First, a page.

COFFEE BREAK
  
by
    
Cynthia Sabelhaus
Gobsmacked! That’s exactly how I felt on March 7, 2012, at 8:07 a.m., when Harriette Sackler, Chair of the Malice Domestic Grants Commit-tee called. I’d applied for the grant the previous November. It was an arduous process requiring three chapters of my novel (preferably the first three), a 300-word synopsis, a letter of application and a letter of reference. The results were to be communic-ated to the applicants sometime in March. I’d been checking my email eighteen times a day since March 1.
            But for some reason, I was not expecting a phone call. Harriette seemed to be calling to verify some of the things I’d written in my letter and to gain my assurance that 1) I had not published this or any other mystery novel, either in print or on line, and 2) my work did not, and since it was still a work in progress, would not contain graphic gore and violence. I assured her on both counts.
        I was just allowing myself to hope that this call meant I had made it through to a subset of “finalists” and could still hold out hope, when she said, “Well, then, it is my pleasure to tell you that you have been selected as a grant recipient for 2012. Congratulations!
        It all becomes fuzzy after that. I think I screamed like a twelve-year-old girl at a Justin Bieber concert. This shocked me almost as much as receiving the grant. I’ve always believed I’d make a lousy game show contestant because I could never muster the enthusiasm of those smiling, screaming folks we see on TV. How embarrassing to discover I’m not so different.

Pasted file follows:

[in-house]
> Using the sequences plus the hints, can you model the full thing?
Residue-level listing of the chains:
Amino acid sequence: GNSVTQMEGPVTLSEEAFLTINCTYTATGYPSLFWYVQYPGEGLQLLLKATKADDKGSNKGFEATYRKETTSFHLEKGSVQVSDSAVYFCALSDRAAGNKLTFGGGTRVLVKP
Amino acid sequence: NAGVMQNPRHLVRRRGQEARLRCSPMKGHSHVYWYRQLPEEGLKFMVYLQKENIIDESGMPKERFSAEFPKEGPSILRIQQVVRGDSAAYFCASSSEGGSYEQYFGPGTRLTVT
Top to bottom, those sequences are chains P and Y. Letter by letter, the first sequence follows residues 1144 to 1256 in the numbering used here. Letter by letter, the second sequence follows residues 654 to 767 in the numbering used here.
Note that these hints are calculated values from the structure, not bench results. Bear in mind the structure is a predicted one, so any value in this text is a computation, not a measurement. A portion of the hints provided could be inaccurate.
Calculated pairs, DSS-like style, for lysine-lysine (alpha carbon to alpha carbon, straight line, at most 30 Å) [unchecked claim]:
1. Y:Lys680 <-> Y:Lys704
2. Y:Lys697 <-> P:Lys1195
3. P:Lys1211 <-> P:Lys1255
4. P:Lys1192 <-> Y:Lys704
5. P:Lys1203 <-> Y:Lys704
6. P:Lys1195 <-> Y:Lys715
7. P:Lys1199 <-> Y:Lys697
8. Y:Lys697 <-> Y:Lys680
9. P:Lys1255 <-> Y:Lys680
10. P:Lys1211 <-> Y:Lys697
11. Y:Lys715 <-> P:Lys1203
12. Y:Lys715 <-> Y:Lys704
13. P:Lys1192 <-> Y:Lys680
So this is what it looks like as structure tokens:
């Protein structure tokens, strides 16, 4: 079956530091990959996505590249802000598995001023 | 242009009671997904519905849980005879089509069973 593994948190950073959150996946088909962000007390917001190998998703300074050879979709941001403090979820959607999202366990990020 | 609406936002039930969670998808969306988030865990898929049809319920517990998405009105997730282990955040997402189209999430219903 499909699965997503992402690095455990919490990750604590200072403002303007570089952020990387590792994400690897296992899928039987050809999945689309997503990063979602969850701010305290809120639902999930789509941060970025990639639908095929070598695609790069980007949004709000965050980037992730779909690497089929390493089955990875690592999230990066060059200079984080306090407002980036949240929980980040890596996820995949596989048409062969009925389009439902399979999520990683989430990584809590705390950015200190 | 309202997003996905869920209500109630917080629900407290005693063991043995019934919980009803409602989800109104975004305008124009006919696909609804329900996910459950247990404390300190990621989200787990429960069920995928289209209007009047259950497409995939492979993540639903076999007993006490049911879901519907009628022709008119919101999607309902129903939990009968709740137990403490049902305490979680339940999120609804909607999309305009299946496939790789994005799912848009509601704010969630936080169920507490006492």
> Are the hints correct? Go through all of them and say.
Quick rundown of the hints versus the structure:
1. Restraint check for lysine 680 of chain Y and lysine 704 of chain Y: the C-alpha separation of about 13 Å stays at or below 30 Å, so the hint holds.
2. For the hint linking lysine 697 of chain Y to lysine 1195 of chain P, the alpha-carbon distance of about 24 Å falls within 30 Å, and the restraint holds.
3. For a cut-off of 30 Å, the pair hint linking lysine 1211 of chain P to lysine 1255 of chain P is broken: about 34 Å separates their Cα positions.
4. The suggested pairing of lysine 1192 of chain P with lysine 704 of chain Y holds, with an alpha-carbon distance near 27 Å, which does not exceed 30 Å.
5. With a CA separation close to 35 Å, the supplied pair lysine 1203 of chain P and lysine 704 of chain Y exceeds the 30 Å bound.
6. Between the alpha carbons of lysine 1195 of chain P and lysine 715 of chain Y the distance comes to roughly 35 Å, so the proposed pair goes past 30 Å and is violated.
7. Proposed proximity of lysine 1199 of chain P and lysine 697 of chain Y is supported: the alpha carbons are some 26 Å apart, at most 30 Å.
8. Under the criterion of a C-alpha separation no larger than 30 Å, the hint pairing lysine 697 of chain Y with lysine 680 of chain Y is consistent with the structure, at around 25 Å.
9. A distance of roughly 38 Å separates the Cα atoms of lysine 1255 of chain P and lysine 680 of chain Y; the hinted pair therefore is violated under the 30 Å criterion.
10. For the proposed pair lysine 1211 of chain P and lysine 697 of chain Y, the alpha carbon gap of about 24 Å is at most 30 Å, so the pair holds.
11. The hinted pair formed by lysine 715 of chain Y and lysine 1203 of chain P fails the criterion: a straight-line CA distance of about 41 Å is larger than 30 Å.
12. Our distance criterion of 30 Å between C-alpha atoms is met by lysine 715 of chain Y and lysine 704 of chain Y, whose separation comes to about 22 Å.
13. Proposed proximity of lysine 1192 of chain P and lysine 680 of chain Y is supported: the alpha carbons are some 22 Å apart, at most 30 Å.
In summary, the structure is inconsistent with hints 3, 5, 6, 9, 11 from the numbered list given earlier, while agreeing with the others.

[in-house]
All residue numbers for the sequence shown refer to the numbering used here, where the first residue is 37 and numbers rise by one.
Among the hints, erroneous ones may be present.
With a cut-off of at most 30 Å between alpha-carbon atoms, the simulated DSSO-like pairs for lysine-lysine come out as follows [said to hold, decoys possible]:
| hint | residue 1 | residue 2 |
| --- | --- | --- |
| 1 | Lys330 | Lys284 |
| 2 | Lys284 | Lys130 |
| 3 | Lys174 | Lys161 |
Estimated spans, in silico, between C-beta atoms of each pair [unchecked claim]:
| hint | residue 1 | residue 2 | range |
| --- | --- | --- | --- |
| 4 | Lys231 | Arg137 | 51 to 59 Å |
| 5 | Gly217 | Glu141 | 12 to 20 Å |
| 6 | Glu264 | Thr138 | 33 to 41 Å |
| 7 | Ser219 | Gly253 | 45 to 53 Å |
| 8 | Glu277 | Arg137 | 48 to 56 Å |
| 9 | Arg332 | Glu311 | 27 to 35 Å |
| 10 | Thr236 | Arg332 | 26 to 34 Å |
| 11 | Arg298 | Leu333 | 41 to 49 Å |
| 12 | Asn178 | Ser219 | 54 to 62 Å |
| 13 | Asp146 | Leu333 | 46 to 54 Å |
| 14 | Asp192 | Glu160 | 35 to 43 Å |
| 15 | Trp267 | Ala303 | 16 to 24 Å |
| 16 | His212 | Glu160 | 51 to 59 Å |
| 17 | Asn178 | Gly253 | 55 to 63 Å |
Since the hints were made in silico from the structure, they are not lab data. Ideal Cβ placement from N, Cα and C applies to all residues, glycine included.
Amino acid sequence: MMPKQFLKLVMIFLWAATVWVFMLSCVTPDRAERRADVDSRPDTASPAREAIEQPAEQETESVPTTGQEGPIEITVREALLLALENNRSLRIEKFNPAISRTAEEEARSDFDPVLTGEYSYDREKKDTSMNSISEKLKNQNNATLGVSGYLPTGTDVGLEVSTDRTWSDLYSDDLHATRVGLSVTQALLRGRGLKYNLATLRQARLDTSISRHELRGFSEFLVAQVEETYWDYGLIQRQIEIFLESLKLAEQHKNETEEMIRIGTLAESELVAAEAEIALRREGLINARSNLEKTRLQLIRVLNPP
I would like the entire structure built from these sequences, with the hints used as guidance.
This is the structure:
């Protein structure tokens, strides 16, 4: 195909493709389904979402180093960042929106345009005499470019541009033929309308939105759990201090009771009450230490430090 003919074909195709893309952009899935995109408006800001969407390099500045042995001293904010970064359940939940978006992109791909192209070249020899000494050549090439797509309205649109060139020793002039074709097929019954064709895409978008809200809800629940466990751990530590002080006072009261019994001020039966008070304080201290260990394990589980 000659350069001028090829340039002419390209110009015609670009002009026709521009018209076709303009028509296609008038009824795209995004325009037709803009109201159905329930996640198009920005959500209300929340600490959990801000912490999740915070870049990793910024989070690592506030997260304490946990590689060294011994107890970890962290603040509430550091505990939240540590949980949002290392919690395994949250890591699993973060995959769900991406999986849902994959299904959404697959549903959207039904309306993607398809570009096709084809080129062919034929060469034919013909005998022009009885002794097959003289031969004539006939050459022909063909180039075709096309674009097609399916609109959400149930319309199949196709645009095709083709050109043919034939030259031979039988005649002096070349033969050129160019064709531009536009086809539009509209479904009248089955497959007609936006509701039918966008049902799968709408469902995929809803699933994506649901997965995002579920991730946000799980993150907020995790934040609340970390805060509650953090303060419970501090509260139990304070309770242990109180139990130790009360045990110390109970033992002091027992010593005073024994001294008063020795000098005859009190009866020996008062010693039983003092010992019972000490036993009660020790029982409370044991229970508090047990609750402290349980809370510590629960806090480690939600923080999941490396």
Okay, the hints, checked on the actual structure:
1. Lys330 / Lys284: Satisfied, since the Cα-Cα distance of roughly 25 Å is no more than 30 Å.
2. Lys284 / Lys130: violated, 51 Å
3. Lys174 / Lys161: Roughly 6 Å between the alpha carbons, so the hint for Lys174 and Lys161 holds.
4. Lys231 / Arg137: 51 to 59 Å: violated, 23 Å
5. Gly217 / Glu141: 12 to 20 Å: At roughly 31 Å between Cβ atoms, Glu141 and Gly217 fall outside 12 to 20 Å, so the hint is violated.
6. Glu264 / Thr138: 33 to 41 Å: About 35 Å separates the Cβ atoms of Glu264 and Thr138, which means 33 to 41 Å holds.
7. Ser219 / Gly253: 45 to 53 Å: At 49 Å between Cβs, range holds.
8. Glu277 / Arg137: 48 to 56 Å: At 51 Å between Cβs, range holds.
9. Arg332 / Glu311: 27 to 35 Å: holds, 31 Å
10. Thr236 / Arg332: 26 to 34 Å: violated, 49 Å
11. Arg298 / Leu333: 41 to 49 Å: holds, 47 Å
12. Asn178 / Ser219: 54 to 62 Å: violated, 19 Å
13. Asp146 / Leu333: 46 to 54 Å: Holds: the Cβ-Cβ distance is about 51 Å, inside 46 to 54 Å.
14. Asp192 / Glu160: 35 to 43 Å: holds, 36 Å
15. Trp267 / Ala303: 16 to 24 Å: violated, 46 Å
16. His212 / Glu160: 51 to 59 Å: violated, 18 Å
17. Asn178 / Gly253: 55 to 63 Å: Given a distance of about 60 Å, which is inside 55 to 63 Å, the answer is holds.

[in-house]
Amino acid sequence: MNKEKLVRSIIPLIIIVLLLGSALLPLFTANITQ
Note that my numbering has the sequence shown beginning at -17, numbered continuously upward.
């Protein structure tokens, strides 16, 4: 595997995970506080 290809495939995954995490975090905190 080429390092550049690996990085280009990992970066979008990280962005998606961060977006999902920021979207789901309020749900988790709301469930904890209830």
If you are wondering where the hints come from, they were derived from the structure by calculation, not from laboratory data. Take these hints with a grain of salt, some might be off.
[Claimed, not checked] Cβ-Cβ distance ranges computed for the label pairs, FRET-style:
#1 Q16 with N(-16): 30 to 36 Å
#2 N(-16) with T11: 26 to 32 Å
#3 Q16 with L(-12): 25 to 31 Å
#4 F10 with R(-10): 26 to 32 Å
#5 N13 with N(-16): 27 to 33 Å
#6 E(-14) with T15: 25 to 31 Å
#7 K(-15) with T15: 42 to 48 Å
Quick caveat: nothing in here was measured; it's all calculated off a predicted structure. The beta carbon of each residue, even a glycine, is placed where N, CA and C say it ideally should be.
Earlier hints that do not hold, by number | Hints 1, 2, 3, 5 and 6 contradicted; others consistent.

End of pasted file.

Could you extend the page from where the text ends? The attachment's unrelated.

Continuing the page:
At some point in the conversation with Harriette, she told me I would receive the grant at the Agatha Awards ceremony—the
    
    
       
(top) 
 annual awards in the cozy mystery subgenre. She told me to prepare a few words. I thought “Thank you,” would be adequately few.
        The awards dinner was attended by over 500 authors, agents, publishers and fans. Ralph and I were seated near the front at the Grant Committee table. There were two grant recipients. The other, Sarah Bewley, was called to the stage first. She spoke eloquently for five full minutes. I realized at about minute three that my two-word address was not going to suffice. I made up my 2-minute acceptance address on the way to the podium. I hope it was okay. I explained my inability to find a word that would express my emotions at hearing I was a grant recipient, and I urged all the writers in attendance to use the word ‘gobsmacked’ in their writings at least once this year, thus changing the U.S. English lexicon to include it.
        I was gratified to hear my special word used throughout the rest of the convention. At the closing ceremony, the event was even declared “Gob-smacking Good.” So, if you judge the success of a speech by whether it causes a change in the audience, mine was a success.
        I hope I’ve managed to take you with me on my most exciting writing adventure yet. I thought about entering the grant competition for over ten years. Of course, I’m even gladder that it all worked out. I owe a special debt to Sandy Raschke, our able fiction editor and Michael Giorgio, writing coach extraordinaire for their letters of recommendation.
        So, my spring message to you is to set a goal and go for it. Don’t wait ten years. Just do it. 
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